It doesn’t really matter what your daily grind is, whether it’s sitting behind a desk or building the future infrastructures of the city with heavy physical labor, we are all likely to experience what is colloquially referred to as ‘knots’ in our back and neck. They are highly uncomfortable and can make regular motions we know we should be able to perform without any problem difficult to do without noticing the pain that comes with them. So what exactly are they and what can be done about them? (hint: Therapeutic massage is the answer to the second question, but there’s more to it than that!)
The Anatomy of a Knot
For most of us using the term ‘knot’, we are talking about a ‘trigger points’, which is oftentimes referred to as TrP by professionals. They are present over your entire body, but the ones on your back and neck are especially sensitive to irritations that occur for a variety of reasons.
There is currently no scientific consensus about the origins of knots, but there is a lot of consensus about what they are. There is a kind of tissue that connects muscle to your bone called fascia which is present deeper in your body and is typically where knots originate from and nearly all of them are considered TrP areas. The idea that is most popular about what causes the tissue to bunch up into a ‘knot’, as it’s referred to, is that nerves misfire messages near the trigger points, resulting in the muscle spasming into the pain that is sometimes clinically referred to as myofascial pain. The pain is almost always originating from that deep tissue near the bone and can range from mild discomfort to extremely sharp and intense pain. If you’ve never experienced one, you will know it when you feel some pain that can be reproduced by touching what feels like a little bump where there shouldn’t be one (and you’re positive it’s not something like a cyst, a completely different topic for another kind of specialist!).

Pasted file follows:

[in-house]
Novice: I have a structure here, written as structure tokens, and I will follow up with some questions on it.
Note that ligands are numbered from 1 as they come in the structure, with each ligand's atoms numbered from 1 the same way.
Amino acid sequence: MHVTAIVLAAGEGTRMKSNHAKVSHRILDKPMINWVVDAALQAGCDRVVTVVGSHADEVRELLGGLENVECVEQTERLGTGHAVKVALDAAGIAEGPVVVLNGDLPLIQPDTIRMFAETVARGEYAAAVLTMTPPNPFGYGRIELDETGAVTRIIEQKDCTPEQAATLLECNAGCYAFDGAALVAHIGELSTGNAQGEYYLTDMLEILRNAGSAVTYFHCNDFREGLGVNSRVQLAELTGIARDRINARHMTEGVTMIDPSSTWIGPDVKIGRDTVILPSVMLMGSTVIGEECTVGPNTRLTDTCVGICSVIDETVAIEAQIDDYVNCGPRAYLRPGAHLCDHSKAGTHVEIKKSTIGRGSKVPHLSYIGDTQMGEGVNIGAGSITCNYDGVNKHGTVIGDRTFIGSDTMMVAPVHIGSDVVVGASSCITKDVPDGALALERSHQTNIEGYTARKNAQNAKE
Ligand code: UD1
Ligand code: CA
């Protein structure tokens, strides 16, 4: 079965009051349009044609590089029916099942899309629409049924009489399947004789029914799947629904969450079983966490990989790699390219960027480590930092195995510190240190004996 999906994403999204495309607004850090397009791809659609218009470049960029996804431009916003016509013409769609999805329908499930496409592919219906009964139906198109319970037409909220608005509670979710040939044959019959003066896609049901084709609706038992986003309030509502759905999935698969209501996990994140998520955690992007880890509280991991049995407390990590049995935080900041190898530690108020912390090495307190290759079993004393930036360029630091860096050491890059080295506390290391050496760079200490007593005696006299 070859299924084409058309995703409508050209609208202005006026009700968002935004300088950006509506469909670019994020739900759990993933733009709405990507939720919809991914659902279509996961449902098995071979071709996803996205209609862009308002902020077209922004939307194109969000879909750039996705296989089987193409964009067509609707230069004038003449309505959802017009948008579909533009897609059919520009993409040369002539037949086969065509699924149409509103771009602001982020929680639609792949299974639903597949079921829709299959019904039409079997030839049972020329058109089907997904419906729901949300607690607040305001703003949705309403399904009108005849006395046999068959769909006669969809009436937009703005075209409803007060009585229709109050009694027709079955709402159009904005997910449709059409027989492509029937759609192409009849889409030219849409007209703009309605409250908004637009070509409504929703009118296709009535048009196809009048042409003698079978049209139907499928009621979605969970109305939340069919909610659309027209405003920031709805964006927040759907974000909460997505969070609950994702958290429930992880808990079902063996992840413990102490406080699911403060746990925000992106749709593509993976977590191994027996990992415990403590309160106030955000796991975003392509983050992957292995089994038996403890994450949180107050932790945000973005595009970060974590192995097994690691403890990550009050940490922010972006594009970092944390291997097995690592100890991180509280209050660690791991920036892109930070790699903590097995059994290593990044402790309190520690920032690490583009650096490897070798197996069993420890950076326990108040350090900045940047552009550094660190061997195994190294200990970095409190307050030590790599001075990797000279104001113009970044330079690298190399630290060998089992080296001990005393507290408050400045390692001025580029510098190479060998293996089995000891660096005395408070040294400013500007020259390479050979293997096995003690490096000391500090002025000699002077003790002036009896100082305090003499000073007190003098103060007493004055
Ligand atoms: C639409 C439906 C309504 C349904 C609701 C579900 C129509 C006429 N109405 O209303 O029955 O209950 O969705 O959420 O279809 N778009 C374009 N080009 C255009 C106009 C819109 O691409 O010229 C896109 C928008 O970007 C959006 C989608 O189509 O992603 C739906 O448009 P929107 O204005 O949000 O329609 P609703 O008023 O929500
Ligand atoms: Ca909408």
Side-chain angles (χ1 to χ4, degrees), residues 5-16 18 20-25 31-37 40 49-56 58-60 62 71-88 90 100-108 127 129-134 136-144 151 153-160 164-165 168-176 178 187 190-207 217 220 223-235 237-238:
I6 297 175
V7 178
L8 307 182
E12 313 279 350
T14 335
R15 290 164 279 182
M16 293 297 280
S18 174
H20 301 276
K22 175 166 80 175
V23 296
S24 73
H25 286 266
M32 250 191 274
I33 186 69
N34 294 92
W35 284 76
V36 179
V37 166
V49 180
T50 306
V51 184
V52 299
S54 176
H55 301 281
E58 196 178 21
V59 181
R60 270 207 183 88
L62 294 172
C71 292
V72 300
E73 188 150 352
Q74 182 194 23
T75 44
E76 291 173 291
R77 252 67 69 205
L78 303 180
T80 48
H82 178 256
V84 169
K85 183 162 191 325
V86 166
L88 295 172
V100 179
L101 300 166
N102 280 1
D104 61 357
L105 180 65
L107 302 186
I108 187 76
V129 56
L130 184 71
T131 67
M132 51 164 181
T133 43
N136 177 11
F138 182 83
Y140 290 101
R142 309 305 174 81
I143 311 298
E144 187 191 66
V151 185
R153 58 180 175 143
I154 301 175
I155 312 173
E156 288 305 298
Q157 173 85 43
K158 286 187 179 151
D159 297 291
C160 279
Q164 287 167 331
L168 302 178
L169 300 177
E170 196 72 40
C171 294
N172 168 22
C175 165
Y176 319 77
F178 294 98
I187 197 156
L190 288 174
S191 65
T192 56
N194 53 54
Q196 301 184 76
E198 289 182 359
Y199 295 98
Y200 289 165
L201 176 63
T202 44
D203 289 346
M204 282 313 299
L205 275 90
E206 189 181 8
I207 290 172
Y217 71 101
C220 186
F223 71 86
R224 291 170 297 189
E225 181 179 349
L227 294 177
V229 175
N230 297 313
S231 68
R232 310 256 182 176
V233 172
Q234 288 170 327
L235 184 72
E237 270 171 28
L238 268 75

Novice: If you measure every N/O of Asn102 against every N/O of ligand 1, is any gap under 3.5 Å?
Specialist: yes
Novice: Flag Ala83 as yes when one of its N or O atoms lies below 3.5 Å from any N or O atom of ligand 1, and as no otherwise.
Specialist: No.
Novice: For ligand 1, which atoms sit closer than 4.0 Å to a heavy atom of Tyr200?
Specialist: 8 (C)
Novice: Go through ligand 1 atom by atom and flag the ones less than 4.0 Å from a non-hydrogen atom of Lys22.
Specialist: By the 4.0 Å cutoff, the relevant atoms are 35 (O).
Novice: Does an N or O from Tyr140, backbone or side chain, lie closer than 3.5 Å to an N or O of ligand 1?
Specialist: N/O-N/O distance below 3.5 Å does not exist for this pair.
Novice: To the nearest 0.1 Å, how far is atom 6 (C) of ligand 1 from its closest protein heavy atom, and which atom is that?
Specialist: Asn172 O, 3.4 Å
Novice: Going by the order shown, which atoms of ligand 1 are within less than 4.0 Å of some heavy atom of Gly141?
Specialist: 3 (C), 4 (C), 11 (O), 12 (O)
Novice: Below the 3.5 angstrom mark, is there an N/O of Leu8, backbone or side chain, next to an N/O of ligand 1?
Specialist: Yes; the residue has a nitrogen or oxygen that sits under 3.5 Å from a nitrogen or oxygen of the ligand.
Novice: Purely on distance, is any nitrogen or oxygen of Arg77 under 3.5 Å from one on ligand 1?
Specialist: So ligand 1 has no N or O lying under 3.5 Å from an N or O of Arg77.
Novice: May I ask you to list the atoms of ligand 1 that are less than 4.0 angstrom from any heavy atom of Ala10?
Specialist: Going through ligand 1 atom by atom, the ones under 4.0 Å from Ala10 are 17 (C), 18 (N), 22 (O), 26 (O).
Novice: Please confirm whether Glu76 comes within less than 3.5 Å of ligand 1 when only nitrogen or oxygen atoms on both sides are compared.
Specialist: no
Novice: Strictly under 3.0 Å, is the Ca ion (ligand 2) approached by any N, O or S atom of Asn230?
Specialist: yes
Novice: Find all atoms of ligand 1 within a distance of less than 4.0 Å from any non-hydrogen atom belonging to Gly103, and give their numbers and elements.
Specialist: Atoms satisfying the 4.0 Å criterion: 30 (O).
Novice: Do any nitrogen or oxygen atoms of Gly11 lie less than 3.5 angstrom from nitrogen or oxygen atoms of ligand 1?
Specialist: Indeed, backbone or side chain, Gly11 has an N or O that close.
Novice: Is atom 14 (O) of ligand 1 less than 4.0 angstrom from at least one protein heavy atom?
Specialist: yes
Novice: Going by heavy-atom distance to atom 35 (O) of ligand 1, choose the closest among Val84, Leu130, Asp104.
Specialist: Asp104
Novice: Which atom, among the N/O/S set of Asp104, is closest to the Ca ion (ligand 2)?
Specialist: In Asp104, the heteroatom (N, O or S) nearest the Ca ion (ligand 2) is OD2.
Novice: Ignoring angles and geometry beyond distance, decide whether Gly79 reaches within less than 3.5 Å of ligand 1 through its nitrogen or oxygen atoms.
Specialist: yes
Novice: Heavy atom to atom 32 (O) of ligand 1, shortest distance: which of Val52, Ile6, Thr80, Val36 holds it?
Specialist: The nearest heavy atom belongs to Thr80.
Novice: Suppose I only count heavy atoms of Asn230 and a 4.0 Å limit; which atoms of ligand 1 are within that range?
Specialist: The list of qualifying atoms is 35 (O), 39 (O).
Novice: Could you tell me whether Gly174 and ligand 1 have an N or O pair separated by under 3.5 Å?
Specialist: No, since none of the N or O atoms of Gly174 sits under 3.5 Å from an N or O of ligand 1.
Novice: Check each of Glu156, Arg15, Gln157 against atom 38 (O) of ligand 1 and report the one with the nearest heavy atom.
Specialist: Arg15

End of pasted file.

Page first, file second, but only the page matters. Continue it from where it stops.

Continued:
Common Knot Formation Sites
Knots are generally found all over the body, but they are most common on the back and neck as described earlier, mostly due to the fact that our back and neck perform a good amount more work for use throughout the day than we realize. More often than knot (er…not), you’re likely to experience a knot on your Trapezius, the latissimus dorsi, semispinalis capiti, and your glutes. We all know what glutes are (hopefully!), but the trapezius is one we also refer to colloquially as ‘traps’ in the athletic community. It’s a wing-like muscle that runs from your neck to your shoulder blades. The latissimus dorsi is commonly called the ‘lats’ and knots will form along it and the erector spinae, which make up your lower back. The semispinalis capiti is the muscle that connects your spine to the back of your skull and is often a place of high tension regardless of the presence of a knot.
Well, there’s a variety of ways. Deep tissue massages can do a lot to relieve pain, but also heat therapy can help quite significantly with both easing the pain and relaxing the muscle back into its proper resting shape. Generally, hot stone massages can be highly effective in taking care of knots. They aren’t generally serious and for less serious pain in lieu of a professional massage of the affected areas, anti-inflammatory medicine like ibuprofen can alleviate some of the pain, though won’t actually ‘cure’ a knot. Sometimes they will go away on their own, other times they will persist, but there’s not a lot of sure-fire things that can be said about what one can do. It’s best to seek therapeutic massage if you really want to ‘fix’ the pain and get back to your life.
Contact Modoma Today And Untie Your Back
If you’re currently dealing with the dreaded back ‘knots’ and they haven’t sorted themselves out with simple stretches, it’s recommended that you seek a professional masseuse to work out your kinks. Schedule with us today to set up an appointment and let our professionals go to work untying those unpleasant knots. Get our Introductory Massage Package.